After two years of digital releases and limited cassette singles, Shaw has finally released his first full-length Scales. Comprised of previously released and newly remastered material as well as several new tracks, it’s a trippy, frantic yet oftentimes meditative collection that, despite the stretches of time between each track’s release, feels perfectly coherent as a whole. Electronic Beats wanted to find out more about Jabba’s primal world of sound, so we got in touch with the Brooklyn-based Shaw and he shared his story—all while continuing to mix new beats.


It feels like the tracks on Scales evoke nature in a very reverent way, like a mythical soundtrack. Is there a story behind the album as a whole?

It’s the soundtrack of a myth that’s taken years to form; it’s my myth, and it’s a journey. If you listen carefully you can kind of guess the order in which the tracks were created. I’m proud of my growth over time and I was very excited for Local Action to release a sort of Jabbian epic, an album that describes me throughout the past few years

Many of the tracks have a very organic feel, meatier compared to the skeletal structures of a lot of footwork music. What non-musical influences did you draw from? 

I spend an enormous amount of time in my studio, which acts as my spiritual center, I paint in there as well as make tracks. So I’d say my paintings influence my music greatly and vice versa. I love murky sounds so the cavern and the swamp are influential for their sound quality and their semblance to my studio.

There’s a lot of musique concrète and psychedelic vibes in your work as well. Do you see more cross-genre permutations happening in the tek scene?

There are some new changes in style that I am excited to see develop. Stylistically, footwork evolves very rapidly. You see a lot of drum and bass breaks permeating into the tracks these days, and more interesting synths.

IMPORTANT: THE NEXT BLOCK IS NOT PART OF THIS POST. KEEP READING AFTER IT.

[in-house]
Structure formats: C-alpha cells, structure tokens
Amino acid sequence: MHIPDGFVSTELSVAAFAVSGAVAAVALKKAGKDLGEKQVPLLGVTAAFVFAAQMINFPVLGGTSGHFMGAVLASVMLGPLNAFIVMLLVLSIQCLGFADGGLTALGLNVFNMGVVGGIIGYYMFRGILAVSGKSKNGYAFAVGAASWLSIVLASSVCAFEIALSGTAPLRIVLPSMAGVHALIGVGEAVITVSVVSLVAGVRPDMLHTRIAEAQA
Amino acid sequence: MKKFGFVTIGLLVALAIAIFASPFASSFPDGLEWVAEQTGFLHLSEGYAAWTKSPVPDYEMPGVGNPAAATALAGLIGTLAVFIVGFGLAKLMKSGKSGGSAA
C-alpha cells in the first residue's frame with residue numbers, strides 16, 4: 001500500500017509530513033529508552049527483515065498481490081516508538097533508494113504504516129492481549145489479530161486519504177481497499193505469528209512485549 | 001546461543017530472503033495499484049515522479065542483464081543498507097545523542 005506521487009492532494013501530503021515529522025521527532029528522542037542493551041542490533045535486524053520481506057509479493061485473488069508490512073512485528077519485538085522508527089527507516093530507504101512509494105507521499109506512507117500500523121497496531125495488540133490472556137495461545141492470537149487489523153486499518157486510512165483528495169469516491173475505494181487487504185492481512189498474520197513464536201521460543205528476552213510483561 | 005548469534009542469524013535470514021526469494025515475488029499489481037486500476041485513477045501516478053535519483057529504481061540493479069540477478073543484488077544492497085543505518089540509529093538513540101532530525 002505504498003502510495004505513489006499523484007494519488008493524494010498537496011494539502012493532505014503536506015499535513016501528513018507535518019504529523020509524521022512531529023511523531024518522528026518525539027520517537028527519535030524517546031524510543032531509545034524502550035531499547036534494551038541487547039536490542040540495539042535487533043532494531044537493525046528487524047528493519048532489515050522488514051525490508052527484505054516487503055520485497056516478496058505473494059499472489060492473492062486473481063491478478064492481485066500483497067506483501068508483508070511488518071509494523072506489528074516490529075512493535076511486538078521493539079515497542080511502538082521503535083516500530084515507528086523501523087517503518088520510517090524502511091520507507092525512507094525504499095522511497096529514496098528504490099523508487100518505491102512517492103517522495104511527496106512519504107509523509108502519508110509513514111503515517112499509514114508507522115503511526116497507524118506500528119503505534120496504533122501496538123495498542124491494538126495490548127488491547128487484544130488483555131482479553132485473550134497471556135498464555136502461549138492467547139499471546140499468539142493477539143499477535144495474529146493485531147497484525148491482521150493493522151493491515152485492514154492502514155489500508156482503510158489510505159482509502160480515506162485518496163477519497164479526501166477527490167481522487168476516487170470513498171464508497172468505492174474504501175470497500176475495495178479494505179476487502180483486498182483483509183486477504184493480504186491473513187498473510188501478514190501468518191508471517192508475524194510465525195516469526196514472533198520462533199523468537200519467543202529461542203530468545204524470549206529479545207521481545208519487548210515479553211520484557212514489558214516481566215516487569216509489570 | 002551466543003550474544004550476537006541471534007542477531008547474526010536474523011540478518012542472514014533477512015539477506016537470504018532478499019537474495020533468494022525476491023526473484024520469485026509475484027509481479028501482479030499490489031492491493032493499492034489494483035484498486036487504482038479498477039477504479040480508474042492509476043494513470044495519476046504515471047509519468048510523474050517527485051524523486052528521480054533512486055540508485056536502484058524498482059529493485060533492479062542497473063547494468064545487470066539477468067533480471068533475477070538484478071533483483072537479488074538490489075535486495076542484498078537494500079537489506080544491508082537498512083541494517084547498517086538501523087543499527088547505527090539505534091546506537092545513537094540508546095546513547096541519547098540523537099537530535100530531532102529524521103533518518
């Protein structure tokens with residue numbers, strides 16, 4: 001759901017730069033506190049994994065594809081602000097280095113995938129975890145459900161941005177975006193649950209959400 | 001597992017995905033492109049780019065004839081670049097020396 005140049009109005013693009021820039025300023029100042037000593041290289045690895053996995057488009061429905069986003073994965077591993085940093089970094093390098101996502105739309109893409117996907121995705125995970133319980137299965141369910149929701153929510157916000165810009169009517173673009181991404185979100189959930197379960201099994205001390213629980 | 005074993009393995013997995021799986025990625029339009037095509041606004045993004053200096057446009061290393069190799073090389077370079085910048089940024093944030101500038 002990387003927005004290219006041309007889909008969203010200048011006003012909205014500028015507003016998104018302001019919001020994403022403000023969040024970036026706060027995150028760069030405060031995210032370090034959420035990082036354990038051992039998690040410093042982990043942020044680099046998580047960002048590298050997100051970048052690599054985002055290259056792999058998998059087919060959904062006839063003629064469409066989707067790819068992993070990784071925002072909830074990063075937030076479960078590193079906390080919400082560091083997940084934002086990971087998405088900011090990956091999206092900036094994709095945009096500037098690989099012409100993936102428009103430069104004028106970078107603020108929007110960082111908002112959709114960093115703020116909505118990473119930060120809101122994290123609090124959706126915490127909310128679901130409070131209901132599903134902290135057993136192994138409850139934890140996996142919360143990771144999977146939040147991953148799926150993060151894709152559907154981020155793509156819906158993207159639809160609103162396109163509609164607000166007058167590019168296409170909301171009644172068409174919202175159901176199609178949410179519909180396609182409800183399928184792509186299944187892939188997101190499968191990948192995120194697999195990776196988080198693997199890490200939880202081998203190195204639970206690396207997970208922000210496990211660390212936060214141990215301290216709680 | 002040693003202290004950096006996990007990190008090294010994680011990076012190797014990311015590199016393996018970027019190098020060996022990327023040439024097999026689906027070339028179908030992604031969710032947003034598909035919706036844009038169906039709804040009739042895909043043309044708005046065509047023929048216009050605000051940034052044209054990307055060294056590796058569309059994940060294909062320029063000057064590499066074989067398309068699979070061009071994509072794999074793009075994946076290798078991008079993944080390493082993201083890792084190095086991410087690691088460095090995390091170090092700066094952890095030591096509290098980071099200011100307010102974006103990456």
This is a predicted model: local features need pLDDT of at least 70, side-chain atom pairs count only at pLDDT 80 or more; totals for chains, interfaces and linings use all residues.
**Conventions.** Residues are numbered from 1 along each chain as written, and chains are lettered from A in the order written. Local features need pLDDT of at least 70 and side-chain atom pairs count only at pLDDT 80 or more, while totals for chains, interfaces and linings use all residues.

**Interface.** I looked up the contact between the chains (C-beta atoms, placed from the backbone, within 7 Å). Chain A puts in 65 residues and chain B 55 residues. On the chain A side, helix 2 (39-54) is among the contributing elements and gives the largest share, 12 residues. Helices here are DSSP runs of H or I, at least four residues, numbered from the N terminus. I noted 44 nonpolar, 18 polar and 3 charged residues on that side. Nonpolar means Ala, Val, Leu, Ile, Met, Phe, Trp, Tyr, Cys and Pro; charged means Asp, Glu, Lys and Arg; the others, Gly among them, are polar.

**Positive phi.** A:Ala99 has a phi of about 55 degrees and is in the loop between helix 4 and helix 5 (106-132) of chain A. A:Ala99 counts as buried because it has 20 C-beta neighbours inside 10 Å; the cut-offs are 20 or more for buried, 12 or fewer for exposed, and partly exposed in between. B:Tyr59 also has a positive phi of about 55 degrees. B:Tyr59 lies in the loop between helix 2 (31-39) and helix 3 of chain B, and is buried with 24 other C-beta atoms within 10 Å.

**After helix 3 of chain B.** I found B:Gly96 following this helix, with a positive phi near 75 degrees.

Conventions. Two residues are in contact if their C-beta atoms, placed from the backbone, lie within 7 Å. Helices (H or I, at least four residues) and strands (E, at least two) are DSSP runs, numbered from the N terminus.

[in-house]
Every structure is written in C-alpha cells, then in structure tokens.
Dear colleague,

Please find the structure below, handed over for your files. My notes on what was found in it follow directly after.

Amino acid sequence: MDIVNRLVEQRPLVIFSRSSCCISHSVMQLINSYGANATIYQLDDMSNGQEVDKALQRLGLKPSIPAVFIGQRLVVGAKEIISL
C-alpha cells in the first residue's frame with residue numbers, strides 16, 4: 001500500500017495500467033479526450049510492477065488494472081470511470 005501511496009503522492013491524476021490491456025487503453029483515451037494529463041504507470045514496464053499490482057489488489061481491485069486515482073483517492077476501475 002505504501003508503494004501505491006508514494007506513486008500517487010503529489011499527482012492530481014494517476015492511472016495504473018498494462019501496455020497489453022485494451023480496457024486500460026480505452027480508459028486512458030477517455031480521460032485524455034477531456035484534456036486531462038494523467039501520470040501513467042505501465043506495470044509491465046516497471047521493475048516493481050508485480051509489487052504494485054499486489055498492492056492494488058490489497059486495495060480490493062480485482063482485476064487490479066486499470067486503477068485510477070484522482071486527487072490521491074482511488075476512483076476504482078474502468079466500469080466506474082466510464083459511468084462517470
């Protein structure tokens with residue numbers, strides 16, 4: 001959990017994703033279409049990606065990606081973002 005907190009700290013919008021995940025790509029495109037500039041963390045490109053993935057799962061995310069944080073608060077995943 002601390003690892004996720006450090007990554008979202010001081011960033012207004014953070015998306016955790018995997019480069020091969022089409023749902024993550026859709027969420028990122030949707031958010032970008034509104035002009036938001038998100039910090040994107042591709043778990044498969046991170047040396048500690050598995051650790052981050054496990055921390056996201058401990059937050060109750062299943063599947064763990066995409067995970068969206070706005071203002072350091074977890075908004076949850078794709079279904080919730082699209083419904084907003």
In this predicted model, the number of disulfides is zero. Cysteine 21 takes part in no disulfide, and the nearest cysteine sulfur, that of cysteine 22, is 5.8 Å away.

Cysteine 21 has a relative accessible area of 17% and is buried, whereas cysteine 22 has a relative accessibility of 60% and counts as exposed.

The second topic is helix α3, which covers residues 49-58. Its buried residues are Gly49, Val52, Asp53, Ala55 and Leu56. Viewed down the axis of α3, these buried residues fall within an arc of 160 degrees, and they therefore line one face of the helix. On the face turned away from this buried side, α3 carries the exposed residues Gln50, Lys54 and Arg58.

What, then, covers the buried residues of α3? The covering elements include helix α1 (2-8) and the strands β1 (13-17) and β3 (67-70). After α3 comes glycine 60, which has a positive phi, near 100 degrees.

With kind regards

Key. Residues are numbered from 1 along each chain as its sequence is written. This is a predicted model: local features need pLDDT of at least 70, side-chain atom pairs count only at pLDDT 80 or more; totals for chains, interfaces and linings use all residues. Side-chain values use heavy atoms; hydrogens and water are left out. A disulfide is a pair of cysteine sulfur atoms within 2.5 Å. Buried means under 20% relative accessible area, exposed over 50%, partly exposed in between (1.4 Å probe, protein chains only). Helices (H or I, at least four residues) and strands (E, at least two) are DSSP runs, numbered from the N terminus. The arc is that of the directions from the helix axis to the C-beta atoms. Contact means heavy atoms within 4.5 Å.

You mentioned spirituality. I know you have a lot of interest in churches because you’re always posting Facebook photos of sculptures and art from the Renaissance period. Are you spiritual/religious at all, or is that more an aesthetic influence?

I’m definitely spiritual, but it’s more about the connection humans have to each other, the synergy. I’m not really concerned about a higher power, but I am a firm believer in Nature’s power and reason. I’m a big fan of gothic architecture, though.

Have you ever painted something to go with a song, or vice-versa?

Definitely. In fact, my senior thesis show featured a 12-minute soundtrack that I composed in response to three paintings I had in the show. I do want to make an album that’s completely based around a painting or multiple paintings with a print available. My newer paintings are better for that type of multimedia. I want to do an exhibition where I break it all down and create a totally immersive world: paintings, music, sculpture, plant life, jungle mist and everything.

Like an installation/live show?

Exactly. JabbaLand.

So all the art you post, is that in a similar style to your own paintings?

Right now I’ve moved away from really baroque narrative paintings to a more subdued, abstract, rich approach. Right now I’m working on a series of three 9’x6′ paintings. The one I’m most fond of depicts a kind of psychedelic jungle, a few figures (along with a million hallucinogenic faces and critters) stand amongst the brush, canopy light seeps in and lights them, a wooden fetish doll alien is the centerpiece in it. They’re all painted in a stricter color palette too, nearly pure red, pure green and pure yellow respectively. Rasta, mon!

Are you into Rastafarianism?

No, it’s just a pleasant coincidence. I’m very into Jamaican music, though. I’ve been a big rock steady head for a long time.

Is that what you listen to when you paint?

To be honest it’s mostly silent, but I love painting to Gunplay, Gucci Mane, Oval, and Roedelius.

Have you done production for anyone other than yourself?

I’m hesitant to do remixes or anything but I’ve made a few rap beats for some of my friends in the neighborhood.

Are vocals something you’d want to work more with?

I want to work with vocalists, and I’ve got some new work that hopefully will have some interesting vocalists on board. I’m more of a composer myself rather than a vocalist or performer, mainly.